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How nicely you write about different aspects of you, it makes me want to think about how people see me and how I see myself, too. I’m the alternative version of me in French as well I think, more free and confident, in Slovenian I always fall partly back into the role of the shy, serious little girl, whereas in English I might be the most sentimental one haha. Thanks! Good luck to you collecting these moments 😊

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But now I want to know what the Spanish and Italian stands were selling and did you get into any conversations with them? Isn’t it interesting how a food or a phrase or a song can transport us somewhere else? Bernie

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Hahah! I was actually thinking, at the time, that it would be funny if I went to both of them and started speaking Spanish and Italian. I did find out what they were selling, however: churros and pizza!
Thanks very much for reading this, Bernie!


Littered beach is a very common sight here, but in Finland? I didn’t expect that. I also don’t understand how hard it can be to bring it back, especially it is lighter. 6-7pm is when hawker stalls start to open here. Glad you enjoyed your crepe in French style for a moment 🙂

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Litter always makes me sad. I once saw a man throw a cigarette butt into the sea from a ferry and I still remember that moment. I was like WHAT ARE YOU DOING and he was just looking like “this is what I always do”. I didn’t confront him though, he looked like a ganster!


Same here and it gets sadder when one can’t do anything about it when the person has tattoo all over the body or appear like a gangster as you mentioned. Ciggie butts are all over the town here, I only can confront those that do not seem aggressive. Some work, some don’t. We do what we can right 🙂

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I absolutely loved this. I also adore the name of your blog, and the first line of this post is wonderful! (The rest is too.) The commercial slogan gave me chills. I haven’t traveled since 2019. I don’t remember that person! My husband just left for his first travels since 2019 last night, and I can see it in his eyes in the photos he’s sent. It’s been a long haul, this virus.

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Hey, thanks for your kind words! I’m glad you left a comment because this way I can follow you on the Reader – I couldn’t find a follow button on your blog apart from the email button! 😊 My last trip abroad was in 2018 because my kids were so small. Four years ago!! Hope your husband has a good trip and maybe we’ll all get back to our travels soon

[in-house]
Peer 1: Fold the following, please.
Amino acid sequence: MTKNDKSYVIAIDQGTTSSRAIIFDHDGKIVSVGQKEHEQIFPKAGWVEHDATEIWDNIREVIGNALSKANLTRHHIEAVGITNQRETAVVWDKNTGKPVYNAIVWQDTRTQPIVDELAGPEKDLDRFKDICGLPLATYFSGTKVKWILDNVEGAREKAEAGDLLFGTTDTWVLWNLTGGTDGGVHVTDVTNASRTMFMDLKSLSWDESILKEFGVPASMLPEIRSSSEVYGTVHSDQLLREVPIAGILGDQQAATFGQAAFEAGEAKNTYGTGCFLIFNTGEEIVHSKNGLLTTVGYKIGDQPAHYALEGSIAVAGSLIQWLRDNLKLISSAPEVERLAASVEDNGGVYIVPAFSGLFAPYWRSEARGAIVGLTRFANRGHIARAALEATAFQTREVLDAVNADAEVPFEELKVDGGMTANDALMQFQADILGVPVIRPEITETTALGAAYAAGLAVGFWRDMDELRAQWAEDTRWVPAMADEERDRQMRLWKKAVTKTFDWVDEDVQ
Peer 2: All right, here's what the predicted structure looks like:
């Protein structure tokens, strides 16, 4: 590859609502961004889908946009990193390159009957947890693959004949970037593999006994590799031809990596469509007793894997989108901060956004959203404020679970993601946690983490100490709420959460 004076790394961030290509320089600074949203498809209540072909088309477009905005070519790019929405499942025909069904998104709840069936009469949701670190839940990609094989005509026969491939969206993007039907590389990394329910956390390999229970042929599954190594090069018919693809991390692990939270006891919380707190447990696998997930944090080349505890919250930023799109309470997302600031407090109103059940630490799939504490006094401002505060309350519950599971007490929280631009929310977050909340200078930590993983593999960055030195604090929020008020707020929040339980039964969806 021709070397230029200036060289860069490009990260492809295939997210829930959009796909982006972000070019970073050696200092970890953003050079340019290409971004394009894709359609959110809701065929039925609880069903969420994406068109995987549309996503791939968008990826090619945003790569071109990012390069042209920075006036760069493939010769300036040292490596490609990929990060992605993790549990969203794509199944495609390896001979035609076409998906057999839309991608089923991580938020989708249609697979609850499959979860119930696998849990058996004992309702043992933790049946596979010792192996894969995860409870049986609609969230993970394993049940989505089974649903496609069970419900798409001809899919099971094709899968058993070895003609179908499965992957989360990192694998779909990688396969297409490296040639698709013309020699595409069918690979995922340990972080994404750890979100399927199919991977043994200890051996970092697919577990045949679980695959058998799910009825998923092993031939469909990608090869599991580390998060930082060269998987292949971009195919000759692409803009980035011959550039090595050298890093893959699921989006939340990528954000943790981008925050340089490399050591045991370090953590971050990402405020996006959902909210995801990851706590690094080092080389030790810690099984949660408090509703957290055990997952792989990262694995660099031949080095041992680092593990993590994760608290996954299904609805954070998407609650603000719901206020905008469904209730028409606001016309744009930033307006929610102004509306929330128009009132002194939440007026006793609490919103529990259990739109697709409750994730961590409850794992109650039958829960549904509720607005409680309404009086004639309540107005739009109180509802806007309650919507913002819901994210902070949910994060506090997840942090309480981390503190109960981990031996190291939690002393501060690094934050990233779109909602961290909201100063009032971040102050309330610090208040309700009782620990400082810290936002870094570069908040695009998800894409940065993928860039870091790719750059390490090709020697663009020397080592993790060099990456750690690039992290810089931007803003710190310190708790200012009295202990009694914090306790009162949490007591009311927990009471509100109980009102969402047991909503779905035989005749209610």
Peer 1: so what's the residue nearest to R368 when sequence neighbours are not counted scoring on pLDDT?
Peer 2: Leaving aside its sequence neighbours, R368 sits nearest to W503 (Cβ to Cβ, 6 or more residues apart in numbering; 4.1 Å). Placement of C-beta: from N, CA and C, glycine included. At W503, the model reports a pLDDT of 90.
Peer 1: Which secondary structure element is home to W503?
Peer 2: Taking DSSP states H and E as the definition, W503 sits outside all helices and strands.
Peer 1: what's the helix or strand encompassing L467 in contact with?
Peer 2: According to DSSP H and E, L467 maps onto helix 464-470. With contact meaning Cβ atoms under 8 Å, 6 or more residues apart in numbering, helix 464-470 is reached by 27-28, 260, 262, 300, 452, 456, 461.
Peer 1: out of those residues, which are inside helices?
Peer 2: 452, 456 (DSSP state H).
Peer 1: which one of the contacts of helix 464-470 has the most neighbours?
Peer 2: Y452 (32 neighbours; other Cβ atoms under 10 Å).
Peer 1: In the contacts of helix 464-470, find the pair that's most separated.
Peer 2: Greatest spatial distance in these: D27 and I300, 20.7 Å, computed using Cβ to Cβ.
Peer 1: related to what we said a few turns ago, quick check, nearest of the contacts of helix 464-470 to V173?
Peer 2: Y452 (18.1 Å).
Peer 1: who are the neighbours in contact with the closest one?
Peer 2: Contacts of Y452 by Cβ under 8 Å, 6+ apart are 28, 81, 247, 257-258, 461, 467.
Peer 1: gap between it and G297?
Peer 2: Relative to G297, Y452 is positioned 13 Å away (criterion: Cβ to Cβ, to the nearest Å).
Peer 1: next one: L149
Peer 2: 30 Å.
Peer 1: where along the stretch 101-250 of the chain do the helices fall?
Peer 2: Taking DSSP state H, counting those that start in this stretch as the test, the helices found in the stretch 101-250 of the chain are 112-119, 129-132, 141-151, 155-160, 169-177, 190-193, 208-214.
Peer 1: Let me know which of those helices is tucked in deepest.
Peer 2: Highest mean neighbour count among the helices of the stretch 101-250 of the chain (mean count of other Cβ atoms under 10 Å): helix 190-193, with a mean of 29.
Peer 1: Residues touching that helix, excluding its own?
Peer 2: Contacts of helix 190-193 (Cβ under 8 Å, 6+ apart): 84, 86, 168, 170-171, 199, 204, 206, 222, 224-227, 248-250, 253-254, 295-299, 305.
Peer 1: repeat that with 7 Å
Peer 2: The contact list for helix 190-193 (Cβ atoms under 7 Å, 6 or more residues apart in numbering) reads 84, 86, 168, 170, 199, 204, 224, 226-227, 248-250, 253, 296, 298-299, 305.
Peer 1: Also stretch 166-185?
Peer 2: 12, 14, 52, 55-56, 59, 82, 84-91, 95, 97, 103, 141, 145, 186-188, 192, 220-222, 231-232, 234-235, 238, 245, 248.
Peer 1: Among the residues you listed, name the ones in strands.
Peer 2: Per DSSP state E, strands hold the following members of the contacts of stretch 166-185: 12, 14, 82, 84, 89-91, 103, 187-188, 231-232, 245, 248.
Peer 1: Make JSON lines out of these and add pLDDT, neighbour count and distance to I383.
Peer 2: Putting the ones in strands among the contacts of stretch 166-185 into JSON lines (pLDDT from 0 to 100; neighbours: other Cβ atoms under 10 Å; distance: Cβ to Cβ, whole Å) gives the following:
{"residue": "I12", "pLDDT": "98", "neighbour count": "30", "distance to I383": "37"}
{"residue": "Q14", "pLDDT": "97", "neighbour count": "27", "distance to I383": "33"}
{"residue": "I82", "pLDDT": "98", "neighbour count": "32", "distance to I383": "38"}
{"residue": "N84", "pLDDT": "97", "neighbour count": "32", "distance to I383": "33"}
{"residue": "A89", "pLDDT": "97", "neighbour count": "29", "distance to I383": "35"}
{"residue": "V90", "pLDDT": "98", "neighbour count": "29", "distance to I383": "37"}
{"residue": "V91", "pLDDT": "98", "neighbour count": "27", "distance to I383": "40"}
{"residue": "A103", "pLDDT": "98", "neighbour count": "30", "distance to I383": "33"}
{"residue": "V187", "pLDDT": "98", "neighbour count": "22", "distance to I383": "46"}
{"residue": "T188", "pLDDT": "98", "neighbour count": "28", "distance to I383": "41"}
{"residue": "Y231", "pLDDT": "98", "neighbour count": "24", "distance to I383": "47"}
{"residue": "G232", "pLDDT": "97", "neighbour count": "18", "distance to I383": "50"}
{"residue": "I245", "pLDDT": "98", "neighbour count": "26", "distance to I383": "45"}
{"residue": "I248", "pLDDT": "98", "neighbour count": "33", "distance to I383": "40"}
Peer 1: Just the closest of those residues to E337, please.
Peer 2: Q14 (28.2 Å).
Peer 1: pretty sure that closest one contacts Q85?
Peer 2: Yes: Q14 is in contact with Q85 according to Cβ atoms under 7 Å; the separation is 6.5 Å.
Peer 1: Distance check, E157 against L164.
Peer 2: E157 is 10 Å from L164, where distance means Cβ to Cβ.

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Thanks for letting me know. My theme expired (not sure what that means). But every time I try a new theme, it feels like the world is ending, and I quickly shut my laptop. 🙂 Thanks for the kind words. Glad to be in touch.

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What a lovely and well-described moment. 🙂 I’m really glad that it was open. I spoke Spanish at an Argentinian stall in Piran, Slovenia, once again after decades and it was hilarious because Italian and Spanish were fighting in my head. And then I wrote a postcard almost entirely in Spanish without looking up anything! It made me happy. Sorry about the littered beach though.

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I had no idea you spoke Spanish! Well done for writing it too (without cheating), that’s always more difficult in my opinion. I have fond memories of mixing Spanish and Italian, too, that summer I spent in Italy so long ago. I wonder who that postcard was to – do you have Spanish friends?

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I will follow you anywhere for crepes with strawberries and nutella. The very thought reminds me of a little restaurant where I went to school. My friend and I would have French onion soup or a salad, just a small one, so we would have room for crepes. I remember my favorite being stuffed with cream cheese, or possibly ricotta, and covered with a sweet and tart orange sauce. Why do I never make crepes?

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Such a lovely comment! Thank you. Let’s take our crepes and go conquer the world! Sweet and savoury fillings in our handbags and off we go! 🤪 Seriously, though, your orange sauce reminds me of a Nutella & Grand Marnier crepe I used to order over and over again when I lived in Paris. I tried to reconstruct that simple recipe at home but it never worked: the liquor was far from delicious. But at the crepe stands in Paris, it was always wonderful.
Let me know if you do decide to make some crepes!